ALBUQUERQUE, N.M. — Spanish colonial art spans continents and centuries. These artists paired European aesthetics with imagery gleaned from across the hemispheres.
They wove the sacred with the earthly, tapping deeply into the divine.
Open at Santa Fe’s Peyton Wright Gallery, the 27th Annual “The Art of Devotion” exhibition showcases colonial artwork from the former Spanish and Portuguese colonies —— present-day Bolivia, Peru, Argentina, Mexico, Ecuador, Chile, Venezuela, Brazil, Guatemala and the Philippines. It also features a rare collection of bultos, cristos and retablos by New Mexican santeros.
From about 1520 to 1820, European monks sailed to the New World to evangelize the natives. They brought thousands of liturgical prints to help convey the lives of the Catholic saints.
Two paintings from Cusco, Peru ——”The Archangel Uriel” and “The Virgin of Valvanera” —— stand out as exhibition stars. The Cusco School was one of the first artistic centers in the Americas to systematically teach European painting techniques.
Dating to around 1675, “The Archangel Uriel” is an oil-on-canvas depicting the angel who guarded the Garden of Eden, preventing Adam and Eve from returning after the fall, gallery owner John Wright Schaefer said.
Uriel was the archangel of fire, illumination and light.
“The Virgin of Valvanera,” circa 1750, shows an illuminated Mary with a tree behind her. The leafy symbol refers to the legend of a repentant thief visited by an angel who told him to go to Valvanera and search for an oak with a fountain. He discovered an image of the Mother of God carved by St. Luke. The statue was likely stashed there during the eighth century Muslim invasion of Spain.
“It was hidden in a hollow of the oak tree,” Wright Schaefer said. An angel carrying the Eucharist and San Jose bookend Mary’s figure. Peruvian paintings often feature colorful birds perched on the branches.
“The Virgin Mary Presenting a Miraculous Portrait of St. Dominic to a Dominican Friar” records the appearance of the portrait in Soriano Calabro, Italy, in the 1500s. The event was popular with Spanish Baroque artists. The Virgin Mary, crowned as the queen of heaven, holds the portrait, accompanied by St. Catherine of Alexandria and Mary Magdalene.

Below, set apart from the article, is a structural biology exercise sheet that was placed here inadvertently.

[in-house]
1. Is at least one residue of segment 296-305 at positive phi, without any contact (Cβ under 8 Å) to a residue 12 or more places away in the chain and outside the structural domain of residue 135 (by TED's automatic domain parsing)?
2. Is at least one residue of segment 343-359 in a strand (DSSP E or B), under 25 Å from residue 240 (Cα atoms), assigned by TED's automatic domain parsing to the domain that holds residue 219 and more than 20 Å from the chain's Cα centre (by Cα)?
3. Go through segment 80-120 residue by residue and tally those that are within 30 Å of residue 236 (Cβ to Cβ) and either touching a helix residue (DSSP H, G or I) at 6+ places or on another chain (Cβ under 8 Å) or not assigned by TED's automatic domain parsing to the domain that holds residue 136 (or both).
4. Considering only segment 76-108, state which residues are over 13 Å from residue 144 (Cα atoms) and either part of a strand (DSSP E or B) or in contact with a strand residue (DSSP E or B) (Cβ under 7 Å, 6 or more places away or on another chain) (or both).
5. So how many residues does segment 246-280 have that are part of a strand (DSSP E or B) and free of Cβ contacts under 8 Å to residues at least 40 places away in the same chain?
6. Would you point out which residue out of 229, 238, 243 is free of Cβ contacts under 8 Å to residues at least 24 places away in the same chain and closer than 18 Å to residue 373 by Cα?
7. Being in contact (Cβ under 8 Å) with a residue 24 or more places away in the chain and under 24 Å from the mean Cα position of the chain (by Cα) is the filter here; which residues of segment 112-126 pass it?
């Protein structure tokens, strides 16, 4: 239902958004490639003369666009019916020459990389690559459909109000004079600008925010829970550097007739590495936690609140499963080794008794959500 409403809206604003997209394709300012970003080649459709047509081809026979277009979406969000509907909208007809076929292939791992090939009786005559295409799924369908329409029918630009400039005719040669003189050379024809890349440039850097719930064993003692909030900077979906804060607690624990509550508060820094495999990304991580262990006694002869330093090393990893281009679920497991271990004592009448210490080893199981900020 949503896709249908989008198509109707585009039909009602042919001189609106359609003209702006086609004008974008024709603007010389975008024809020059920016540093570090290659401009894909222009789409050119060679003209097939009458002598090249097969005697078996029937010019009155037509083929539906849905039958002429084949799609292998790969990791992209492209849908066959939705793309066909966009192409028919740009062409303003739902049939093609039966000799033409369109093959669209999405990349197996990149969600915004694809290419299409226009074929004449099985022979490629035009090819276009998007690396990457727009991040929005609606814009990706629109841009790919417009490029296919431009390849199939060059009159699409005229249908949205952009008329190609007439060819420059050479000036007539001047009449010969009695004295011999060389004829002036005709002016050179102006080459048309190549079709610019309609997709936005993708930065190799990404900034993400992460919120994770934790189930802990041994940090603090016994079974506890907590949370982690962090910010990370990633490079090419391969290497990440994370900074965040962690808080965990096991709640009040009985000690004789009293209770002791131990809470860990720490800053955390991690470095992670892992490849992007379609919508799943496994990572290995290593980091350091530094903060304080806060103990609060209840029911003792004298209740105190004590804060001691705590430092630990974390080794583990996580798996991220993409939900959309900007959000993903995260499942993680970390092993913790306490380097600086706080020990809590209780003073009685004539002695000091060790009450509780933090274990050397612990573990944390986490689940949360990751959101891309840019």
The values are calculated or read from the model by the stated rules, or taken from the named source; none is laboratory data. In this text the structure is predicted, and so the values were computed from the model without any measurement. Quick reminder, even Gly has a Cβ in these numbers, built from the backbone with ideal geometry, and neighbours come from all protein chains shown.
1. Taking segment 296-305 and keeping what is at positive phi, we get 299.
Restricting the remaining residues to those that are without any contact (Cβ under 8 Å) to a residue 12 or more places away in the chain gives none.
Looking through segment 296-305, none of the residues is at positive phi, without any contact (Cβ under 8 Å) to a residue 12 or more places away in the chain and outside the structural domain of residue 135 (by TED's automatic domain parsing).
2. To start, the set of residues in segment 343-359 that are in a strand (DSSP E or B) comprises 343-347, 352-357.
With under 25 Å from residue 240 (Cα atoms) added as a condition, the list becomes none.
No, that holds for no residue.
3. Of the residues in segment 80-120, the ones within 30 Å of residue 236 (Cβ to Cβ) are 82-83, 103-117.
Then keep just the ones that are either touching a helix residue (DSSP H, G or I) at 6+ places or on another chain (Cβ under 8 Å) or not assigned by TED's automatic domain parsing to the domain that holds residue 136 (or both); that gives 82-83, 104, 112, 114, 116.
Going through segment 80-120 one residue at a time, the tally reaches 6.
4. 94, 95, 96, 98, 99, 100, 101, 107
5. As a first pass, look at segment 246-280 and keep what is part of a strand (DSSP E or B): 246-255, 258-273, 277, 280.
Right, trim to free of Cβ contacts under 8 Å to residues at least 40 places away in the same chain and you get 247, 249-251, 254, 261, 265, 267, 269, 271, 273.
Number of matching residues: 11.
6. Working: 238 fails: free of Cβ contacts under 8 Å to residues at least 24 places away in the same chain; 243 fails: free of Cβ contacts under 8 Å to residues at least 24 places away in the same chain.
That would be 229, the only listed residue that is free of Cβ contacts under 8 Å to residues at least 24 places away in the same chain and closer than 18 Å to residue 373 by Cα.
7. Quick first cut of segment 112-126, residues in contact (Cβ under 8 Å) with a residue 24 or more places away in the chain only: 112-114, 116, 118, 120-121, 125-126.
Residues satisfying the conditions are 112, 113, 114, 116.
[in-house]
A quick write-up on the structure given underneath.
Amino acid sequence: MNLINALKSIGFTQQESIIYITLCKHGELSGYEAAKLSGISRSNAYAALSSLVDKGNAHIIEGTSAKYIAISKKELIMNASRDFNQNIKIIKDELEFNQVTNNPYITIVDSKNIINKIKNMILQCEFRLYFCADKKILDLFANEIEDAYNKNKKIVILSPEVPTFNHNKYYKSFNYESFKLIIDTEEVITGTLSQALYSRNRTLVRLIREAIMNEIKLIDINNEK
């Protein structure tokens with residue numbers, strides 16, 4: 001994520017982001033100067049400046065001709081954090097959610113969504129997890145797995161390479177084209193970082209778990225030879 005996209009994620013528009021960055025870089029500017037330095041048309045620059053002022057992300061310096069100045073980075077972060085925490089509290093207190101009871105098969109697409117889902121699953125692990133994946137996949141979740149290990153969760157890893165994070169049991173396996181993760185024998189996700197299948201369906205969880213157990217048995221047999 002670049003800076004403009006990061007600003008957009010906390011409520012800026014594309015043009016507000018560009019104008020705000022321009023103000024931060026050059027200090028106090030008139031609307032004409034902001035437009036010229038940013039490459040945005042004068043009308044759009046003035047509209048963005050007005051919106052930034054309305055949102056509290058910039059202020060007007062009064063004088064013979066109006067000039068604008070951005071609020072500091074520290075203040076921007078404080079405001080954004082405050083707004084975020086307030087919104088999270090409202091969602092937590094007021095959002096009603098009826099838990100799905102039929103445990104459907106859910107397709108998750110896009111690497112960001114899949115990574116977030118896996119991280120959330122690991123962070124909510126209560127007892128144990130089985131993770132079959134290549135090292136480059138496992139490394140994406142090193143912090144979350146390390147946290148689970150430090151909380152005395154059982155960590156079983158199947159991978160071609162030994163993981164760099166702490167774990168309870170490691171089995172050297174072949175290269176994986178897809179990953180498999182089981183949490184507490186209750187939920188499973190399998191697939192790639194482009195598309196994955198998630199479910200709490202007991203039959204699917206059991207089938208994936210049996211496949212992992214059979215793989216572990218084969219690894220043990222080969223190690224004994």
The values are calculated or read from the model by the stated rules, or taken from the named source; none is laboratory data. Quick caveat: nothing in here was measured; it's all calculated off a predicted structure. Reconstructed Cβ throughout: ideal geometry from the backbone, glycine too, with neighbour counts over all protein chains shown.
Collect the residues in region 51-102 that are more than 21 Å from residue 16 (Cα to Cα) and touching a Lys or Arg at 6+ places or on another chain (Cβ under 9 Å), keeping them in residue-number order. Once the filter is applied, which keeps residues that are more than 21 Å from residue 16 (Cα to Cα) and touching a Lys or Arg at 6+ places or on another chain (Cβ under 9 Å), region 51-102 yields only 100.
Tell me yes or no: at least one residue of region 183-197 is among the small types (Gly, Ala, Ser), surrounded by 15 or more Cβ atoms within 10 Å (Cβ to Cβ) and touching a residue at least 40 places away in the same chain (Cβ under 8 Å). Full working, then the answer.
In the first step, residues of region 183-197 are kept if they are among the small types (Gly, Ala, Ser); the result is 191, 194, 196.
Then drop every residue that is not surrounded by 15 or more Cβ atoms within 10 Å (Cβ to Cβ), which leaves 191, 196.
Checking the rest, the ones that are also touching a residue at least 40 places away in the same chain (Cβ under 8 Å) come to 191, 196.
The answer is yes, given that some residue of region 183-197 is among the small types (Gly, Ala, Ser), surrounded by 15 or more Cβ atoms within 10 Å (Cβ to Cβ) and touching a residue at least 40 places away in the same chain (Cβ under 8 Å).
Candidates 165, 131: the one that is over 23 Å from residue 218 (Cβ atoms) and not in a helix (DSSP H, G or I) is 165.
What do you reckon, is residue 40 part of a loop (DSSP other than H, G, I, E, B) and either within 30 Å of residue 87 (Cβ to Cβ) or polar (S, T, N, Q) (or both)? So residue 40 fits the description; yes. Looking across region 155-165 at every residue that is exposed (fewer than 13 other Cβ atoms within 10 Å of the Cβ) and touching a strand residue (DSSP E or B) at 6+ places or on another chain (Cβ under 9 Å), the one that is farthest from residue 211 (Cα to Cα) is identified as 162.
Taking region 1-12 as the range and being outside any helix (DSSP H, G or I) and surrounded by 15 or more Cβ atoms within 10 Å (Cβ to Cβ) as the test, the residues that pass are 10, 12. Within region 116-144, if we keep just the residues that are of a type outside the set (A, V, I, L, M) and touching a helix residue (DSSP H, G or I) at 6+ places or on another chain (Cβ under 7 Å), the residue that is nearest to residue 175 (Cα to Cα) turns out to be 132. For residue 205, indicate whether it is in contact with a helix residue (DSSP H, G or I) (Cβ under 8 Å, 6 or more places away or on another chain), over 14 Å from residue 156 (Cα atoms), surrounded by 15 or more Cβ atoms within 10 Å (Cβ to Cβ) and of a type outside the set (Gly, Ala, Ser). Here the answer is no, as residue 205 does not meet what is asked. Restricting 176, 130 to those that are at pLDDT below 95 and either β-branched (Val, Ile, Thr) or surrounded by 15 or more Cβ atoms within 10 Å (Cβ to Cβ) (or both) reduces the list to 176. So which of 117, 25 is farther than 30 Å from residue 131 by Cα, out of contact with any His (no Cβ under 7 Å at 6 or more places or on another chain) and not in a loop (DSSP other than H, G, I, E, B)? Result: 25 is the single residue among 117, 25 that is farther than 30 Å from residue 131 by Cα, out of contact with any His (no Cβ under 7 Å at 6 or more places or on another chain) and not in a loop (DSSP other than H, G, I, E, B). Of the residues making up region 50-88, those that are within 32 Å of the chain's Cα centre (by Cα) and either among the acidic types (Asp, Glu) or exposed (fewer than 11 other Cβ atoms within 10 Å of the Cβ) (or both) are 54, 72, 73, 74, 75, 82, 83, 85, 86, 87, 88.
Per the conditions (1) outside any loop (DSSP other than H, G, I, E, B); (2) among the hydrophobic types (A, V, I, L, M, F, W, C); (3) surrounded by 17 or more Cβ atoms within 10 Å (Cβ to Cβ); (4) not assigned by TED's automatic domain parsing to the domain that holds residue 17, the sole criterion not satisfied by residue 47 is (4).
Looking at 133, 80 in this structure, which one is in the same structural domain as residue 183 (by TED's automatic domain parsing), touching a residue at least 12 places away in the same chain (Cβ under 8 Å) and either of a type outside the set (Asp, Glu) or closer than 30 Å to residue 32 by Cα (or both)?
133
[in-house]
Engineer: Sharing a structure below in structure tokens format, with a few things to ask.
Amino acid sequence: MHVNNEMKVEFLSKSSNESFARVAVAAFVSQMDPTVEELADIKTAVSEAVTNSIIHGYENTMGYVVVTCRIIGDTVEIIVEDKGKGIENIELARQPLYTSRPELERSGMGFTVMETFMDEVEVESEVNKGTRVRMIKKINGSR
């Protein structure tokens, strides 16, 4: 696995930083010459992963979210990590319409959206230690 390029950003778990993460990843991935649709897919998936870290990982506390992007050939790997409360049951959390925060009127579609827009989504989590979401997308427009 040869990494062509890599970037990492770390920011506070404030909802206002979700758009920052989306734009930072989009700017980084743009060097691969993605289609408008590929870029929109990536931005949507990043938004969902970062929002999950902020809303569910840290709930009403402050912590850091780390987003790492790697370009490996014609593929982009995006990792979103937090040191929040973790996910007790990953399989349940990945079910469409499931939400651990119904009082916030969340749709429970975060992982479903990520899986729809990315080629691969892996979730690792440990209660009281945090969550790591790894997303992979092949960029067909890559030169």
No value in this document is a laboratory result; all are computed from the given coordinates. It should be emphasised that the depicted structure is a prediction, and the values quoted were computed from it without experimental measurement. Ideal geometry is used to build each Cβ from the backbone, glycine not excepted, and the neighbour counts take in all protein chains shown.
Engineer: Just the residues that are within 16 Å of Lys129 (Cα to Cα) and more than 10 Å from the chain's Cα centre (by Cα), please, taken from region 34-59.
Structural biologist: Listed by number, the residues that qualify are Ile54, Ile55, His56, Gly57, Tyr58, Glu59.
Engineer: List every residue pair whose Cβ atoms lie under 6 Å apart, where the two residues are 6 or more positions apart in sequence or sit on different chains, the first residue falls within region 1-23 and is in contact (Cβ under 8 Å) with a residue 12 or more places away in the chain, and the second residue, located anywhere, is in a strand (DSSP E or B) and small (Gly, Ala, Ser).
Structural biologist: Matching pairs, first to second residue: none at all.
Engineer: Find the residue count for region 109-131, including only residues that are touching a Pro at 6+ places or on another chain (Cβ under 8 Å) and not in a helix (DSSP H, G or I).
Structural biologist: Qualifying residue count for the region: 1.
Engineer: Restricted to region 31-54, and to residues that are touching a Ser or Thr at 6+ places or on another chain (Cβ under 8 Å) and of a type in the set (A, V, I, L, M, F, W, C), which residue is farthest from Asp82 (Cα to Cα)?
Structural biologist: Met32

The popular veneration of San Cristobal (St. Christopher) that stemmed from medieval origins in the Old World quickly reappeared in the Spanish colonies of Latin America. From the 16th century onward, artists commonly placed the saint near church doors.
In “San Cristobal con Cristo Niño,” the radiant Christ child holds the globus cruciger (an ornamental orb with a cross representing Christ’s dominion over the world) in his left hand. His right hand forms a blessing gesture as he rides on the saint’s shoulder. Cristobal holds a palm frond staff while a guiding star shines through its leaves. Birds and cherubs surround the figures in an ornamental frame painted to look like wood.
The exhibition also features several rare, small works painted on copper. The metal was somewhat precious during the 17th and 18th centuries and usually found only in masters’ studios, Wright Schaefer said. Artists liked copper’s smooth “hand;” it could be gessoed, and the paint flowed freely across its surface.
“It was a more elegant, fluid painting experience, and it transported well,” he said.
Embellished in lace and brocade, the Mexican “Portrait of a Noble Woman,” circa 1700, shows a woman of stature, complete with coat of arms and a fan neatly folded in her left hand.
The anonymous artist shows evidence of training, Wright Schaefer said.
“It was either a boudoir or a memento painting,” he added. “I can count on one hand the number of portraits I’ve seen on copper. This is refined and elegant.”
Leonardo da Vinci, El Greco and Rembrandt all painted on copper. Its explosive growth as a practice dates to the discovery of the dazzling visual effects that could be achieved. Copper is plentiful in both Mexico and Peru.